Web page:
- Animal Products: dairy
- Animal Production: feed/forage, feed formulation, feed rations, stockpiled forages
- Education and Training: demonstration
- Farm Business Management: budgets/cost and returns, value added
- Production Systems: agroecosystems, holistic management
The benefits of feeding some bluegrass straw to late lactation dairy cows included a slight reduction in daily feed costs (using actual feed intakes and current ingredient costs): 10% bluegrass straw reduced feed costs by 5 cents/day/cow whereas 15% bluegrass straw reduced feed costs by 20 cents/day/cow. The reduction in feed costs was less than expected because cows fed bluegrass straw tended to eat more feed, presumably to compensate for the lower net energy of the TMR. Another benefit to feeding bluegrass straw is reduced crude protein intake of cows and, therefore, lowered nitrogen excretion. The predicted nitrogen excretion was reduced 46 g/day for cows fed 10% bluegrass straw and 69 g/day for cows fed 15% bluegrass straw. Because much of the excreted nitrogen eventually is released into the air as ammonia, reducing nitrogen intakes without affecting milk yield provides an environmental benefit.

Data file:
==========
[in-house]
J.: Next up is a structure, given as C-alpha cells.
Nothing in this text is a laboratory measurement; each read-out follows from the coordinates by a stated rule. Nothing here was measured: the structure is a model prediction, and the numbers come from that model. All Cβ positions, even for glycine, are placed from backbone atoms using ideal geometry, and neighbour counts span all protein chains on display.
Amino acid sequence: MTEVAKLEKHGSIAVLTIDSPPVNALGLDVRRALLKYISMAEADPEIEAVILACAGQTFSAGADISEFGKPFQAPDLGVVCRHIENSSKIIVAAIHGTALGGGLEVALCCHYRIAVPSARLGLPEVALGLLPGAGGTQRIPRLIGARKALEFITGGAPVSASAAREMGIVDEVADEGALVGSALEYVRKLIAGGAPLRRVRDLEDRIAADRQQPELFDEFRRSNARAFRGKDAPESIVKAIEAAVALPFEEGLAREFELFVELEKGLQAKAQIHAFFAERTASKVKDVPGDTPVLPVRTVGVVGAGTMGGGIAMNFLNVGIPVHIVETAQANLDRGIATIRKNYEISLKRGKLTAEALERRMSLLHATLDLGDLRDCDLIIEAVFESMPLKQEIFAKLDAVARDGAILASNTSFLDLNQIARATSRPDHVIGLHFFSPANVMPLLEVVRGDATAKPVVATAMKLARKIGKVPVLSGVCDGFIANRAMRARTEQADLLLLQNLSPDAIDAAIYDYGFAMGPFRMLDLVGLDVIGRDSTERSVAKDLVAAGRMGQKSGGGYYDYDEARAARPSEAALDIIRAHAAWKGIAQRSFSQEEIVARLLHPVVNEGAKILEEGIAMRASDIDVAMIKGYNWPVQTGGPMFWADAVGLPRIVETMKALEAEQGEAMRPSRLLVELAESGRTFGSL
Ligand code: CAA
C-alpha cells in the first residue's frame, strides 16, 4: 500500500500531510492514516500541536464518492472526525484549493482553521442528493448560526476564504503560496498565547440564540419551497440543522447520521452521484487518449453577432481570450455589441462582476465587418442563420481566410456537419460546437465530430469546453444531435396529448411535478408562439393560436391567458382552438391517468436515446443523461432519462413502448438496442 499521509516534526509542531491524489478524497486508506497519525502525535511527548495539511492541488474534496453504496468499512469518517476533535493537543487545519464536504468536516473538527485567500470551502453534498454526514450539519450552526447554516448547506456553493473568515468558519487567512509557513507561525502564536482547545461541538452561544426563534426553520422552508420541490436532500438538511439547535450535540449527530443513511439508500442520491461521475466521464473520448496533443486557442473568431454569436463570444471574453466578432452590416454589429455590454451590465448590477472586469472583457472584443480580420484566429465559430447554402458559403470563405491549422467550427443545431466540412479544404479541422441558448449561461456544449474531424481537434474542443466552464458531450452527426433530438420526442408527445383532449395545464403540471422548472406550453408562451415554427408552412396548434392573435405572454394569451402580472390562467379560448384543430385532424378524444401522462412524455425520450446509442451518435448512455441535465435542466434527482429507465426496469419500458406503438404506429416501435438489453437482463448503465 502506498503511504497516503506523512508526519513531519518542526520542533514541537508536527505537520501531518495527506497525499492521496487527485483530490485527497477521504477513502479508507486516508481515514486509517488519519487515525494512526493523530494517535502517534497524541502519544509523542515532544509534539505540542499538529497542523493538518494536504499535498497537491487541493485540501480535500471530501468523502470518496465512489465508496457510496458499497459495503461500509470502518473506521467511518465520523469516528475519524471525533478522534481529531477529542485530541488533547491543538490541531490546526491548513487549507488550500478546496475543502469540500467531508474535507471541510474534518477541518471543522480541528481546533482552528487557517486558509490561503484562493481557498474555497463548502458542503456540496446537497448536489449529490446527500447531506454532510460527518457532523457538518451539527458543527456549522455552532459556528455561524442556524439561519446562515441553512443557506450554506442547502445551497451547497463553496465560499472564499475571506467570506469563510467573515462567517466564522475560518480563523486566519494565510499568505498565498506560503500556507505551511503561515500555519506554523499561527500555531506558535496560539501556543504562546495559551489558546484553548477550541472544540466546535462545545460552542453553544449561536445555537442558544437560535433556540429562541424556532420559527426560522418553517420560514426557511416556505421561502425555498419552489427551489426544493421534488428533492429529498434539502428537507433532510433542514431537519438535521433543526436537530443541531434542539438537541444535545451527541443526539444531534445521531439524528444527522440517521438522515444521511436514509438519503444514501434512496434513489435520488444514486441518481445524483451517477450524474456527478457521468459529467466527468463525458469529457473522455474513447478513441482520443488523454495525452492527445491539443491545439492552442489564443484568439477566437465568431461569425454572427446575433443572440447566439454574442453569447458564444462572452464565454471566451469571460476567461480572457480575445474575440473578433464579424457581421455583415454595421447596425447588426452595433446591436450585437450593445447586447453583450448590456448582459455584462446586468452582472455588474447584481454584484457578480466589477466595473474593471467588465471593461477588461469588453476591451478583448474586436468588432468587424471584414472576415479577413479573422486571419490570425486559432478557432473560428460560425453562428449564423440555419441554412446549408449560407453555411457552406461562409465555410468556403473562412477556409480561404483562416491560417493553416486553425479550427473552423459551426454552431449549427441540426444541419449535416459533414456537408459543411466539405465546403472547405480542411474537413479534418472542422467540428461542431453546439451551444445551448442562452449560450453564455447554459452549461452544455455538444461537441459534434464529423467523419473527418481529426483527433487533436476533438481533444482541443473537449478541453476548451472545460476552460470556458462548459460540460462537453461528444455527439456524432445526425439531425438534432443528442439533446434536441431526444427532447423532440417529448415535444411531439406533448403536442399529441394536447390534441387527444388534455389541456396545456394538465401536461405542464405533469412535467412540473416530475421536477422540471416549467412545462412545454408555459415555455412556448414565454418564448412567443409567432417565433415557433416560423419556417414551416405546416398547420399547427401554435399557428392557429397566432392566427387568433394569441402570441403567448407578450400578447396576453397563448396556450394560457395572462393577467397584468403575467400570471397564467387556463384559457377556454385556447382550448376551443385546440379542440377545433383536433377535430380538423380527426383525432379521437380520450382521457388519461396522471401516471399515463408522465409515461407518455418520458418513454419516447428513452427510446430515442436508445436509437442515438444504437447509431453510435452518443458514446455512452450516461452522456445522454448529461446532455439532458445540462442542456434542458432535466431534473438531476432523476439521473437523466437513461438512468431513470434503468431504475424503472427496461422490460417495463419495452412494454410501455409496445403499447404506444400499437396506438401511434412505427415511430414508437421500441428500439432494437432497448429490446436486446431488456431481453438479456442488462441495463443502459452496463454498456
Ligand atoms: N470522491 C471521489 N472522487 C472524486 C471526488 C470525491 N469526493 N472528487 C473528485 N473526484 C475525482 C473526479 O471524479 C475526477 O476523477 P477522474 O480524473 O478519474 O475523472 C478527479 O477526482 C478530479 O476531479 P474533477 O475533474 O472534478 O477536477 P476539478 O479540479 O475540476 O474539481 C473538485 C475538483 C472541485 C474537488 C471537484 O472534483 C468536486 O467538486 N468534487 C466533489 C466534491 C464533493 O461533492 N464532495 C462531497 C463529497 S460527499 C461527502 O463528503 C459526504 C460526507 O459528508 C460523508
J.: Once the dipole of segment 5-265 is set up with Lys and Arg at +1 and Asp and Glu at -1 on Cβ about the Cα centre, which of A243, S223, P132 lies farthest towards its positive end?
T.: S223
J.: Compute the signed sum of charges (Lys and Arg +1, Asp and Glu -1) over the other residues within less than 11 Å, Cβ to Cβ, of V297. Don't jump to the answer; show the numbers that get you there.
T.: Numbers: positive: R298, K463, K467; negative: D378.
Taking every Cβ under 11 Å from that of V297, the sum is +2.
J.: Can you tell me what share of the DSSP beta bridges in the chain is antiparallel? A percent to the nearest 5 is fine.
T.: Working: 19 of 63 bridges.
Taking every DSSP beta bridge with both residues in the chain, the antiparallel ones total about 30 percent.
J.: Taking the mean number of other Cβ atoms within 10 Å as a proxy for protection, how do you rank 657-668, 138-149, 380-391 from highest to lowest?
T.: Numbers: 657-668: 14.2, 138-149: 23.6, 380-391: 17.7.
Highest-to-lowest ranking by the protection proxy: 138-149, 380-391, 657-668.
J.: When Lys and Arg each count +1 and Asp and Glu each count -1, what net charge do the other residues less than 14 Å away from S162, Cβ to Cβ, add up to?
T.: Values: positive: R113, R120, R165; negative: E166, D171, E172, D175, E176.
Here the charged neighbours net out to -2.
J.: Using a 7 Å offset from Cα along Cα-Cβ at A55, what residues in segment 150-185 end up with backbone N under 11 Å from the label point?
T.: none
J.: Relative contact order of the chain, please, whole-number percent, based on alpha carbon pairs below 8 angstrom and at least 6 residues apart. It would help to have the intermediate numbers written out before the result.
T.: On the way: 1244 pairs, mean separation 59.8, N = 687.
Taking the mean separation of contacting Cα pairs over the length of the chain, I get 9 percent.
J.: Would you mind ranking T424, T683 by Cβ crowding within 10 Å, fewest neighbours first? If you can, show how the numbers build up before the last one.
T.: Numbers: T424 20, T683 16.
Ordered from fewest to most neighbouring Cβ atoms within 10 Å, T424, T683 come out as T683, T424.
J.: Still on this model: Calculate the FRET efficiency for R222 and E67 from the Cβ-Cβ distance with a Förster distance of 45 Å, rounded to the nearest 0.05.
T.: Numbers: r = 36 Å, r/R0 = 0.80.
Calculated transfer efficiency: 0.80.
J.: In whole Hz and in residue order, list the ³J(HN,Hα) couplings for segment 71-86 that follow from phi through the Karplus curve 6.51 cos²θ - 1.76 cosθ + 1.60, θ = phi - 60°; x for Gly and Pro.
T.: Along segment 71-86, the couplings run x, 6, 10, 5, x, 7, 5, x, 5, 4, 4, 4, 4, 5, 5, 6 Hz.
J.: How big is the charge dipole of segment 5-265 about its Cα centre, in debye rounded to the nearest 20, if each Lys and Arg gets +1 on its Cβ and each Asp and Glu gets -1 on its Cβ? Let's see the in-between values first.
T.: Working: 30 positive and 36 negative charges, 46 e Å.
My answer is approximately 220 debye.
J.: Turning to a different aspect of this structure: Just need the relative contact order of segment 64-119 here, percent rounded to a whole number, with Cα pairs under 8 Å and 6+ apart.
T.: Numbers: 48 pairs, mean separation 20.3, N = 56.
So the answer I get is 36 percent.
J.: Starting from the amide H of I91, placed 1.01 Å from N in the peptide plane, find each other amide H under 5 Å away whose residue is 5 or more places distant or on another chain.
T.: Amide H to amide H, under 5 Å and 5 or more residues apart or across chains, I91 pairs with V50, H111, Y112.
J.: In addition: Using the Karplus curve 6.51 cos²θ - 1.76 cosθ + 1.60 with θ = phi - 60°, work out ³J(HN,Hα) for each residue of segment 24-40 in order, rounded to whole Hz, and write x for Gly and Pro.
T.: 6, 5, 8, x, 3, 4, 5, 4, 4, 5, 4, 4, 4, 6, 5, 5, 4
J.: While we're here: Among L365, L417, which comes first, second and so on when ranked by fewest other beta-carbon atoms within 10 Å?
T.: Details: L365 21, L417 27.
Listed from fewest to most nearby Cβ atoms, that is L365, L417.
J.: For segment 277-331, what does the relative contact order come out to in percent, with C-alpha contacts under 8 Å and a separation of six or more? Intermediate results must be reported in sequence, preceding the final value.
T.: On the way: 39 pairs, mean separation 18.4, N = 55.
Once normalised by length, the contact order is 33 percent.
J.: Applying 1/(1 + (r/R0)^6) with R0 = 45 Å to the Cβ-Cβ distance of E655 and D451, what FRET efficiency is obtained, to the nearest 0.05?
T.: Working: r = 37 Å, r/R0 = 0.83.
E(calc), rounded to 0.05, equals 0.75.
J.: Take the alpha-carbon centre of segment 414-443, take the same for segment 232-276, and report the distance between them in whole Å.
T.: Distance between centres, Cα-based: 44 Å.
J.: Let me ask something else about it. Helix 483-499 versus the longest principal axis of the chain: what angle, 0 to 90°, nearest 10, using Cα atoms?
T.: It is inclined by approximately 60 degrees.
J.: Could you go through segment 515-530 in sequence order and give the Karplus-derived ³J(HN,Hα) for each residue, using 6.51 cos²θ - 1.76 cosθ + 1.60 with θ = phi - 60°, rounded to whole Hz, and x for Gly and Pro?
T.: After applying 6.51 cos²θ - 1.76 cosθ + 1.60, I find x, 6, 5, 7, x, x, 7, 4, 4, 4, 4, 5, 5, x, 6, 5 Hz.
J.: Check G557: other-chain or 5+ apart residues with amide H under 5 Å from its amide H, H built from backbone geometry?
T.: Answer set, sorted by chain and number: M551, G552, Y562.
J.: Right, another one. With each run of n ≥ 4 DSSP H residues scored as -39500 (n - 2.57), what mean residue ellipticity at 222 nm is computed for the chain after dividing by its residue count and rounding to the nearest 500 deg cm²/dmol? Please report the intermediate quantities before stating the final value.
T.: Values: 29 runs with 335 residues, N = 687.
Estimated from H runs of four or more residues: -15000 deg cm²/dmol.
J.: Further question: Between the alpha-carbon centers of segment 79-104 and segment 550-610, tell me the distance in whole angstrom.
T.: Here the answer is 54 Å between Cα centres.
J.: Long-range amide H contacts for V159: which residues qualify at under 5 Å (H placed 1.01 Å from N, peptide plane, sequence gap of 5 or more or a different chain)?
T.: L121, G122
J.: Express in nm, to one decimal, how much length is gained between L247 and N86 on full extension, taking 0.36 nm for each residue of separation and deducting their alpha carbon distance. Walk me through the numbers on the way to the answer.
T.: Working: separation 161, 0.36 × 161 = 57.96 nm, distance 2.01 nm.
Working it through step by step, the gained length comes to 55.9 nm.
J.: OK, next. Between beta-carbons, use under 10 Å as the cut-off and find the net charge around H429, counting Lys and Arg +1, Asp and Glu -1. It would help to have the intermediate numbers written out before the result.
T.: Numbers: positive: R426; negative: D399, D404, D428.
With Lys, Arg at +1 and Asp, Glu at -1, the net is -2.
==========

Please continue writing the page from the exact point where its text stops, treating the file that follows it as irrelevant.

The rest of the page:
Incorporation of bluegrass straw in dairy total mixed rations could be an important new market for bluegrass seed producers. In the Pacific Northwest region of Washington, Oregon, and Idaho, there are approximately 781,000 dairy cows and an approximately equal number of growing replacement heifers. If bluegrass straw was included at the rate of 4 lb/head/day for mature cows and 2 lb/head/day for growing heifers, the annual potential use of bluegrass straw would be 855,195 tons. At $55/ton, this equals about $47 million. Although universal acceptance of bluegrass straw in dairy rations is not expected, bluegrass straw may be widely used as an ingredient in diets of dairy cattle because it is a much lower price roughage source, and it contains much lower concentrations of nitrogen and phosphorus which complements high-phosphorus byproducts in diets.
The objectives were to determine the level at which bluegrass straw can be added to diets of lactating cows without adversely affecting milk production and composition, calculate a phosphorus balance with cows fed bluegrass straw and determine the reduction in phosphorus excretion that results, determine the level at which bluegrass straw can be included in diets of growing dairy heifers, and estimate the impact on feed costs and phosphorus balance when bluegrass straw is incorporated into dairy diets.